Alarming News: I like Morgan Freeberg. A lot.
Anti-Idiotarian Rottweiler: We were following a trackback and thinking "hmmm... this is a bloody excellent post!", and then we realized that it was just part III of, well, three...Damn. I wish I'd written those.
Anti-Idiotarian Rottweiler: ...I just remembered that I found a new blog a short while ago, House of Eratosthenes, that I really like. I like his common sense approach and his curiosity when it comes to why people believe what they believe rather than just what they believe.
Brutally Honest: Morgan Freeberg is an intriguing guy...[he] asks great questions and answers others with style, flair, reason and wit. On the blogroll he goes. Make him a part of your regular blogospheric reading. I certainly will.
Brutally Honest: Morgan Freeberg is brilliant.
Common Sense Junction: Misha @ Anti-Idiotarian never ceases to amaze me. He keeps finding other good blogs. I went over to A.I. this morning for my daily Misha fix and he had found this guy named Morgan Freeberg in Fair Oaks, California, that has a blog, House of Eratosthenes. Freeberg says its "The Blog That Nobody Reads" but it may now become the blog that everybody reads.
Jaded Haven: Good God, Morgan, you cover a topic from front to back with a screwy thoroughness I find mind boggling. I'm in awe of your thought proccesses, my friend, you're an exceptional talent. You start by throwing in the kitchen sink, tie in someone's syphilitic uncle, bend around a rip tide of brilliance and bring it all home in a neat, diamond dripping package of an exceptionally readable moment of damn fine wordsmithing. I love reading you.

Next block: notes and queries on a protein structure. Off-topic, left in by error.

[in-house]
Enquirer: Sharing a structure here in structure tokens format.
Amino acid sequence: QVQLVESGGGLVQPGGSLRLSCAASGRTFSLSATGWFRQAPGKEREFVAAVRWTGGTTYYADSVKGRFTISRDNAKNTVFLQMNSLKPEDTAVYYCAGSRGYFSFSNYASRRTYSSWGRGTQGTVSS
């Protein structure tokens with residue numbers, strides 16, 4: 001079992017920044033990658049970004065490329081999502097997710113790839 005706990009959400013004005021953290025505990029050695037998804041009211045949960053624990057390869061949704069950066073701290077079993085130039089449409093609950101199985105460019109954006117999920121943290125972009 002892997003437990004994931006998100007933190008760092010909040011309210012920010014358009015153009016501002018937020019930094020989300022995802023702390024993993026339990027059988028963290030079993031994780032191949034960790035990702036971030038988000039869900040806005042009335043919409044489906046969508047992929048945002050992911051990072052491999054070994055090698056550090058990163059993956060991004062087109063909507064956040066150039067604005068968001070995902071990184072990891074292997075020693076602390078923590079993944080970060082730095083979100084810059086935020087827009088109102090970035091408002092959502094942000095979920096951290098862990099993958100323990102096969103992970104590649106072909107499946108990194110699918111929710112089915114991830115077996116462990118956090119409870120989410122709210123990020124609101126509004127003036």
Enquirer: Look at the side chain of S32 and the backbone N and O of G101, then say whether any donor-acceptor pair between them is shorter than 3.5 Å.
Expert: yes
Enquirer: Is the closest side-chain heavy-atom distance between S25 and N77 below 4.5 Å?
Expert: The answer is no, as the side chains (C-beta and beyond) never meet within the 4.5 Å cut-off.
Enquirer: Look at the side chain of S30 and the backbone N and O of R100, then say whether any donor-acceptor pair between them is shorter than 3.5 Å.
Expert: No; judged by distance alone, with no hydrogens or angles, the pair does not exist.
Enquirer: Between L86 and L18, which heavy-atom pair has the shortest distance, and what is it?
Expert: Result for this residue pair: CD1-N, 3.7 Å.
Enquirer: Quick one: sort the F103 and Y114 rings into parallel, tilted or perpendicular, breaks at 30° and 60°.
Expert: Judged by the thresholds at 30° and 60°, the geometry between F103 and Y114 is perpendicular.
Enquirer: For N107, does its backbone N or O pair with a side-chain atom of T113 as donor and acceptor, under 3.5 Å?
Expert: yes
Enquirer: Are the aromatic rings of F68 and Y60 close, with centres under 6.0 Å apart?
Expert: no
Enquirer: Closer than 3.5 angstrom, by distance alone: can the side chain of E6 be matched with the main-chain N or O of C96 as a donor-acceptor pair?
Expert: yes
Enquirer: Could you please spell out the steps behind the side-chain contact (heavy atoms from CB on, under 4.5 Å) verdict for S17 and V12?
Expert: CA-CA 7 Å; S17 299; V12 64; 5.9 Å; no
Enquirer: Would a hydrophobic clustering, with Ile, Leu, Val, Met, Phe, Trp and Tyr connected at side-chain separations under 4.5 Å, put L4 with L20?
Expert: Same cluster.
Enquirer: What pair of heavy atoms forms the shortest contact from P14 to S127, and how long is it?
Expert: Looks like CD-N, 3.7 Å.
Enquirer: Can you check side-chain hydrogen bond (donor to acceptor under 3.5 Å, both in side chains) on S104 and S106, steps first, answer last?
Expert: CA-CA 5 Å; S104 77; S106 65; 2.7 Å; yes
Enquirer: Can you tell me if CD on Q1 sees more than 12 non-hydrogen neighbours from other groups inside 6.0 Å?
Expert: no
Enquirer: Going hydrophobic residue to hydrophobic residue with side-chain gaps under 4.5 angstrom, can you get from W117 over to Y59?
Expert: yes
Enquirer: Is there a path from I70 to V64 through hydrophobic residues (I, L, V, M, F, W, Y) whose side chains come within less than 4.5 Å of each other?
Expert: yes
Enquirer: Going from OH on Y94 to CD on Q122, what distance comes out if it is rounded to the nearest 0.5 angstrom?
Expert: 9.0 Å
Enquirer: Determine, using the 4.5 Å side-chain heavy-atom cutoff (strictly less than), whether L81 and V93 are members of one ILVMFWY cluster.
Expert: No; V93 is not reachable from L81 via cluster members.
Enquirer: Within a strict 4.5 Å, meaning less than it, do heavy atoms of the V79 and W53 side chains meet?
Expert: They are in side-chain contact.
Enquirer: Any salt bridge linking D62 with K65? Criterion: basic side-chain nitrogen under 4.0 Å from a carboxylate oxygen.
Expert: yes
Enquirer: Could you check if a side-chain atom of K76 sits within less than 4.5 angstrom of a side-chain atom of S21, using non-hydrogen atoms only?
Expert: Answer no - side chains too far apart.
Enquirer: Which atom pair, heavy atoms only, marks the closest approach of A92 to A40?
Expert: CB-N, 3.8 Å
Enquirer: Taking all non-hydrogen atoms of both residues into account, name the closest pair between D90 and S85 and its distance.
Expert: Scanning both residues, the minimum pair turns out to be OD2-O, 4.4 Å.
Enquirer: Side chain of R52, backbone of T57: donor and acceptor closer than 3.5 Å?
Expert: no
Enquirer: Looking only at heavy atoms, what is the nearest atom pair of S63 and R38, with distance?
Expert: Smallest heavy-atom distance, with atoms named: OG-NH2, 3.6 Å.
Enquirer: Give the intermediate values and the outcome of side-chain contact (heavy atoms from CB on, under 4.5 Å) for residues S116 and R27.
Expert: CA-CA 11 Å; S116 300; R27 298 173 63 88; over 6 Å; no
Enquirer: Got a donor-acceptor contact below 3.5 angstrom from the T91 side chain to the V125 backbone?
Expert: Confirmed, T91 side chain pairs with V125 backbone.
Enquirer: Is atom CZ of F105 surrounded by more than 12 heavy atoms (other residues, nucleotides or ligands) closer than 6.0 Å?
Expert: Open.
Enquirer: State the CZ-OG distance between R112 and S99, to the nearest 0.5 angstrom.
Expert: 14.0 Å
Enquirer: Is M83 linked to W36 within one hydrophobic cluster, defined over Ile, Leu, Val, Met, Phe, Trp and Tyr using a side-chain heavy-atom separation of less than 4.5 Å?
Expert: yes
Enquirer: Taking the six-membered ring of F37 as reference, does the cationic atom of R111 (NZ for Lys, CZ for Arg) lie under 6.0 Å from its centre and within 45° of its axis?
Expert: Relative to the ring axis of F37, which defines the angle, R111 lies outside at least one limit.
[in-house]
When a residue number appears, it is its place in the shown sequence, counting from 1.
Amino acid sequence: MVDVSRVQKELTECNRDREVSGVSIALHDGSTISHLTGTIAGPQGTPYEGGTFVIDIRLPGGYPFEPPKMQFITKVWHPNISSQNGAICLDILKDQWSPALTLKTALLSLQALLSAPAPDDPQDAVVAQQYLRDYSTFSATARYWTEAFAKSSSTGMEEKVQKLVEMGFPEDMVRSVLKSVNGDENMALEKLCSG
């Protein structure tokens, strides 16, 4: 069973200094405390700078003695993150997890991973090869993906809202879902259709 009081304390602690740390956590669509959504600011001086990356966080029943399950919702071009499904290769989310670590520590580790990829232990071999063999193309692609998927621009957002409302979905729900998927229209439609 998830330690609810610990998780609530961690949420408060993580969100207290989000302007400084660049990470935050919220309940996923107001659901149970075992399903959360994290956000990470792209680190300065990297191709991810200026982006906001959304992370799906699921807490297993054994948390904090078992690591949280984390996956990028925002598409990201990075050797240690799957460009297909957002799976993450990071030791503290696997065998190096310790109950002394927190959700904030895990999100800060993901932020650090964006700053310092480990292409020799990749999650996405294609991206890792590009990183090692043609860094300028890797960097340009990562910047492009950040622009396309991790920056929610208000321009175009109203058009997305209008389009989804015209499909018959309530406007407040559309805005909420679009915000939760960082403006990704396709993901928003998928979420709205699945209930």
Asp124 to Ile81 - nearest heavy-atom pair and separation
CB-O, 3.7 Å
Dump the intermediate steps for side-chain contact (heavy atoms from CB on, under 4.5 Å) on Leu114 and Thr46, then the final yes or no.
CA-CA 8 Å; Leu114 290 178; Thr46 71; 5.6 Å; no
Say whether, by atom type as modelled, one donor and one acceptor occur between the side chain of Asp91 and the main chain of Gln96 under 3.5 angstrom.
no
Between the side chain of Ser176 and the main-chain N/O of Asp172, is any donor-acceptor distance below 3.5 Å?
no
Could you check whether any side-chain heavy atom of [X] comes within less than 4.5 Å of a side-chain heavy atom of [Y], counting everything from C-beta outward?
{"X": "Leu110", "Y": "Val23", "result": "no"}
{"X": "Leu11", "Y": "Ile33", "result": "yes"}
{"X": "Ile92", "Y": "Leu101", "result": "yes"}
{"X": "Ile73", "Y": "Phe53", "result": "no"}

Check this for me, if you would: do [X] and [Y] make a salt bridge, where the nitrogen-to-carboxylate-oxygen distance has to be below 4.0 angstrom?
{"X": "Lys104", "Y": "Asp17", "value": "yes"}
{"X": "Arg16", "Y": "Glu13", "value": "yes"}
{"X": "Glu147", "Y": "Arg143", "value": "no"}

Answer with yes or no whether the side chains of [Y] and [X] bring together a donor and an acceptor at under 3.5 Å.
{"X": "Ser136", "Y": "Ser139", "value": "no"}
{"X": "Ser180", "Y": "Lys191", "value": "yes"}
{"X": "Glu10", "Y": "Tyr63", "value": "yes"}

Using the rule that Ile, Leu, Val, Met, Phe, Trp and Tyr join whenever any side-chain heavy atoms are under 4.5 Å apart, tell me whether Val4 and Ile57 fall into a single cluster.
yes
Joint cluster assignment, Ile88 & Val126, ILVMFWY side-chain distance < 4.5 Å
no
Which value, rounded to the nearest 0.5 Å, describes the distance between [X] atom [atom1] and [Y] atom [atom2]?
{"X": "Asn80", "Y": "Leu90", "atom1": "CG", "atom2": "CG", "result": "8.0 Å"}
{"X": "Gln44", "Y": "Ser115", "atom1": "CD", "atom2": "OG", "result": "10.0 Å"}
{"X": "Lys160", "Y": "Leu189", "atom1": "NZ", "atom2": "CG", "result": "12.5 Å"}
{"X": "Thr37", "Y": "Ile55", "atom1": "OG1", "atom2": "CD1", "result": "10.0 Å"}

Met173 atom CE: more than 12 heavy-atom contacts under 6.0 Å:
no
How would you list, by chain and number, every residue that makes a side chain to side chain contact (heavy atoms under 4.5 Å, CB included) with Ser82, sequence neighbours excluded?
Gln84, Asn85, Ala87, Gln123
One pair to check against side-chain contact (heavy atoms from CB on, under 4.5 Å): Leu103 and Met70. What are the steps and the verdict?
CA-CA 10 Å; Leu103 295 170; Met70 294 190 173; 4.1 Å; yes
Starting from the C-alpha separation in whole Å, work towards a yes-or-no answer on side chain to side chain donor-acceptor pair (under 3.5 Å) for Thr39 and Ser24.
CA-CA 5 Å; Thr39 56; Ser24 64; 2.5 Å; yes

Mein Blogovault: Make "the Blog that No One Reads" one of your daily reads.
Philmon: When Morgan meanders, stick with him - he's got a point and it'll be worth it in the end. He's not a hit-and-run snarky quip kind of guy. The pieces all fall into place like tumblers in a lock and bang! He's opened a cognative door for you.
Rightlinx: Morgan at House of Eratosthenes is one of the best writers out there. I read him nearly every day because he manages to provide an interesting perspective, even though I don't always agree.
Poetic Justice: Cletus! Ah gots a laiv one fer yew...
Hat tip to blogger friend Rick.
Greg Plum has gotten hold of a memo from the DCCC leadership that says no. No matter how bad our product is, there’s no revolution coming.
Republicans will need to win 39 seats to take back the House. Democrats will win at least four Republican seats (the best opportunities include: LA-02, HI-01, IL-10, DE-AL, FL-25). As a result, the real number of seats Republicans will have to pick up to win a majority is at least 43. To win 43 seats, the NRCC would need to put 70 to 80 seats in play. The NRCC have simply not put that many Republicans seats in play and do not have the resources or caliber of candidates to do so.